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Me looking swank

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Food

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Me and Jennifer

Day before yesterday was women’s day, so to start we went to a school that the military had organized a distribution. They put together little bags of candy and toothbrushes and toys and notebooks and stuff. They were super organized. Like, we were 20 minutes late and missed most of it. They were in and out, which is kind of the way they have to move.

They had the kids lined up and going through the distribution line…it was like clockwork. I think they were there about 45 minutes total. We pulled up and they had there 4 SUVs parked and they had soldiers kind of watching the street, and we went in did the thing and left. Then all the soldiers came to our guesthouse with about 50 locals for women’s day.

We showed the soldiers the roof view, which we all kind of thought was dumb in retrospect cuz…they’re targets and we live here. But then there was food, and an acknowledgement of the women who worked here. Oh and when the soldiers got here, they all piled out of their SUVs and were like. “SARG, are we wearing battle rattle or not?” they all took off their body armor, but they all kept their pistols and some kept their riffles. But the party had two huge cliques, the soldiers and the locals (not surprising). I’ve really enjoyed thanking the soldiers for their service and sacrifice.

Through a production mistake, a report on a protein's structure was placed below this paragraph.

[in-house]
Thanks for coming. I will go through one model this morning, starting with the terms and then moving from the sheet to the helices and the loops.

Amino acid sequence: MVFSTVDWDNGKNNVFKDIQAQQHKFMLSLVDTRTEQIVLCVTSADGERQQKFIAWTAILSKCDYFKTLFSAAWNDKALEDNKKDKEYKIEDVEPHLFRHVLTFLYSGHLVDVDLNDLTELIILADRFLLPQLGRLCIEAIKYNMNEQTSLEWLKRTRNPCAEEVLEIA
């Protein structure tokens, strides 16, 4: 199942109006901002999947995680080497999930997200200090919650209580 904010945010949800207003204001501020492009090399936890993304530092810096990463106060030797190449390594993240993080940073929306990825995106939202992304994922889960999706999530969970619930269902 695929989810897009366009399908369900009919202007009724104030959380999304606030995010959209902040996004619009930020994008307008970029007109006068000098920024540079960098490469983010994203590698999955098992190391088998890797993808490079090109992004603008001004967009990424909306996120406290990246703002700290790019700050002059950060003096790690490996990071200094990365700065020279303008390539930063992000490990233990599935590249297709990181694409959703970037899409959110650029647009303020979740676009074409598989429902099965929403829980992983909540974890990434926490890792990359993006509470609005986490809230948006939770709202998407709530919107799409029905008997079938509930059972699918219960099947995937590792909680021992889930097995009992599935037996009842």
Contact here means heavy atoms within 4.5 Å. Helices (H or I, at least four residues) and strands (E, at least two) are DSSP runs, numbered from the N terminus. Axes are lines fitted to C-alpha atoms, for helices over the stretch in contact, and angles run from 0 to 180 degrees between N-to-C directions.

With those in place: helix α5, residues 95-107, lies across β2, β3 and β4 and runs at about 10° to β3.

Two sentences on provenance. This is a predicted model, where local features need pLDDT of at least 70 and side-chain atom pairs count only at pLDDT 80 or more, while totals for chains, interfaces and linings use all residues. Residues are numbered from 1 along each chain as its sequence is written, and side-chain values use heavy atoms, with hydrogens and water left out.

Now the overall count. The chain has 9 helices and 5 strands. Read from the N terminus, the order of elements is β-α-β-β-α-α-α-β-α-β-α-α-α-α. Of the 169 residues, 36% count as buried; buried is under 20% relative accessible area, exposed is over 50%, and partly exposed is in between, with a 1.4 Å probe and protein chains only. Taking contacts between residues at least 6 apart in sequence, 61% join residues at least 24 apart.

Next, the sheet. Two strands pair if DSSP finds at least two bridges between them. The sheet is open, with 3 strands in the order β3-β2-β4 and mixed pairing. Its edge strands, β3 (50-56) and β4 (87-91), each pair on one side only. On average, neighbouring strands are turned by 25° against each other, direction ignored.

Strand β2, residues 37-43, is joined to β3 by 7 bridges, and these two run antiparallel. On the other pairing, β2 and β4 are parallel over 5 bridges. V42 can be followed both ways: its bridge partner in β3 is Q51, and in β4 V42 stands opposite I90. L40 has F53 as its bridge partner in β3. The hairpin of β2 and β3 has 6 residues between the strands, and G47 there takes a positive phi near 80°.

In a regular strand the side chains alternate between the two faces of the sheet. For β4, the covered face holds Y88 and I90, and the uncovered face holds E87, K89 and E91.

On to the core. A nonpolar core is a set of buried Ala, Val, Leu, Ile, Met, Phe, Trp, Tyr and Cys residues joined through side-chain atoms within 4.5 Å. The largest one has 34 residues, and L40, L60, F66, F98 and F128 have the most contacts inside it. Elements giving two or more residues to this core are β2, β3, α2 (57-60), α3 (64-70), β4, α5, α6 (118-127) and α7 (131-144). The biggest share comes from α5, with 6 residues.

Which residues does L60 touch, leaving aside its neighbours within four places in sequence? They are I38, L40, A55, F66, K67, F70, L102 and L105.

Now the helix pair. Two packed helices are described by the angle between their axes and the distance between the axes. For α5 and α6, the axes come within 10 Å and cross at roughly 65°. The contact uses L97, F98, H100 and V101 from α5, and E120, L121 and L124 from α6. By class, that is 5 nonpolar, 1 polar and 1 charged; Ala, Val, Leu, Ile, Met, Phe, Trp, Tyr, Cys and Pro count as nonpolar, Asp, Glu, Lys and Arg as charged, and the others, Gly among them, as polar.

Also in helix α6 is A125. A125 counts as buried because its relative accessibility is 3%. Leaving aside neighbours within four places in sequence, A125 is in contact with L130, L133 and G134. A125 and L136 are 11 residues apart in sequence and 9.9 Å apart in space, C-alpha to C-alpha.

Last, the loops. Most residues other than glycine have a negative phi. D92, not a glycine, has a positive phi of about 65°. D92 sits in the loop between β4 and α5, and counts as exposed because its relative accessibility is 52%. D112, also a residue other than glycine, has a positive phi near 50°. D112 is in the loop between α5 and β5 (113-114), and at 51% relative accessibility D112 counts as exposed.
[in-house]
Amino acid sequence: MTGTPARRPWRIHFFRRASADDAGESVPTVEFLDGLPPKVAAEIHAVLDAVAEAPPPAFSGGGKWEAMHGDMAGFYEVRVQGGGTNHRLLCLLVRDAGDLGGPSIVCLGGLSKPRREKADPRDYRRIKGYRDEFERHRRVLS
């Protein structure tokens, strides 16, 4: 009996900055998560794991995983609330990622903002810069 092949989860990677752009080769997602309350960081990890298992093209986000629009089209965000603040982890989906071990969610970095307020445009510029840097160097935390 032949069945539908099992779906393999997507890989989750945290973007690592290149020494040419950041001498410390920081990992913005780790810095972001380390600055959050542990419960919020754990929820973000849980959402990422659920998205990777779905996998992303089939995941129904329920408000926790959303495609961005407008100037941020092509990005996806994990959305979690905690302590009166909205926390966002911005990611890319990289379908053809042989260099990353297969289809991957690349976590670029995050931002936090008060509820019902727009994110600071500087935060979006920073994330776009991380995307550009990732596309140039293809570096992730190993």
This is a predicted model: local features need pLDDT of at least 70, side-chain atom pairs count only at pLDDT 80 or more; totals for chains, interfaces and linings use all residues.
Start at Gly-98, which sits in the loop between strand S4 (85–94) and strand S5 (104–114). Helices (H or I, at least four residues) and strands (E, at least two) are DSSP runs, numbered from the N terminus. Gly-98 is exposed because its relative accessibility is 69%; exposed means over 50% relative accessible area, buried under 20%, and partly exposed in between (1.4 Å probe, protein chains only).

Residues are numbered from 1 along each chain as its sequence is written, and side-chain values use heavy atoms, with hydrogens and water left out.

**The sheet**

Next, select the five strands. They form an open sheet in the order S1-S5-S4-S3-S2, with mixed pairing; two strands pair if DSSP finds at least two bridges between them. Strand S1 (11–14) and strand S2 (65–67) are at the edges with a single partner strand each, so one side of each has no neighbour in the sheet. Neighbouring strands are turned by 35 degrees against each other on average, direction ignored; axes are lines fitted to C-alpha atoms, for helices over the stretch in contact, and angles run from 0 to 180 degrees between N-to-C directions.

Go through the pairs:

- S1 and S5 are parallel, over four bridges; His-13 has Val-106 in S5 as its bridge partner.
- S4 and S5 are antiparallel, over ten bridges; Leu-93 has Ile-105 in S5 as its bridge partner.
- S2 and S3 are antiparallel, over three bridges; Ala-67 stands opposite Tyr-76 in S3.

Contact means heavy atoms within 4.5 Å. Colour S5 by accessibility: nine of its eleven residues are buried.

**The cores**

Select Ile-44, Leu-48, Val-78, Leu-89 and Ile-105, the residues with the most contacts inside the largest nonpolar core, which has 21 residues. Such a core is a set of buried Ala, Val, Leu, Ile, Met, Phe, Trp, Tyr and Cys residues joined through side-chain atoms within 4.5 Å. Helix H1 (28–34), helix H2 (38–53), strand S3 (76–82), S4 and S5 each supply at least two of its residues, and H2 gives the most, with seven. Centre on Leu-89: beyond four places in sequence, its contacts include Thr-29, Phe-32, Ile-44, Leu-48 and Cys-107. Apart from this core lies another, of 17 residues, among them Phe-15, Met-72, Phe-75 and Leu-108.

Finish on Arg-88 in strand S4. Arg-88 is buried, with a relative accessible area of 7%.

Yesterday, the ladies went to a ladies meeting and me and peter stayed here. After lunch we went to the local church service which is really very interesting. There were something like 37 languages there. German soldiers were there, there were kids running around in the grass…there was actually green, mowed grass. It was also interesting because they are security conscious. They don’t let locals come and they change the time each week.

Then we hung out at the guesthouse for a little while, had dinner, and went to the US camp for a small worship service. We were a little late and the chaplain’s bodyguard had already escorted some people in who he thought were us…so we had to stay at the checkpoint for a long time. We stayed in the cold soft rain for like 30 minutes. One soldier let Jennifer stand near the heater, but I didn’t get the same favor.

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Our first day in country, we went to the street with all the
souvenirs. Foreigners go to this street to buy their memories. We
spent about 2 hours walking along the street calling more attention to
ourselves than is healthy. I blended in pretty good except for my
Sambas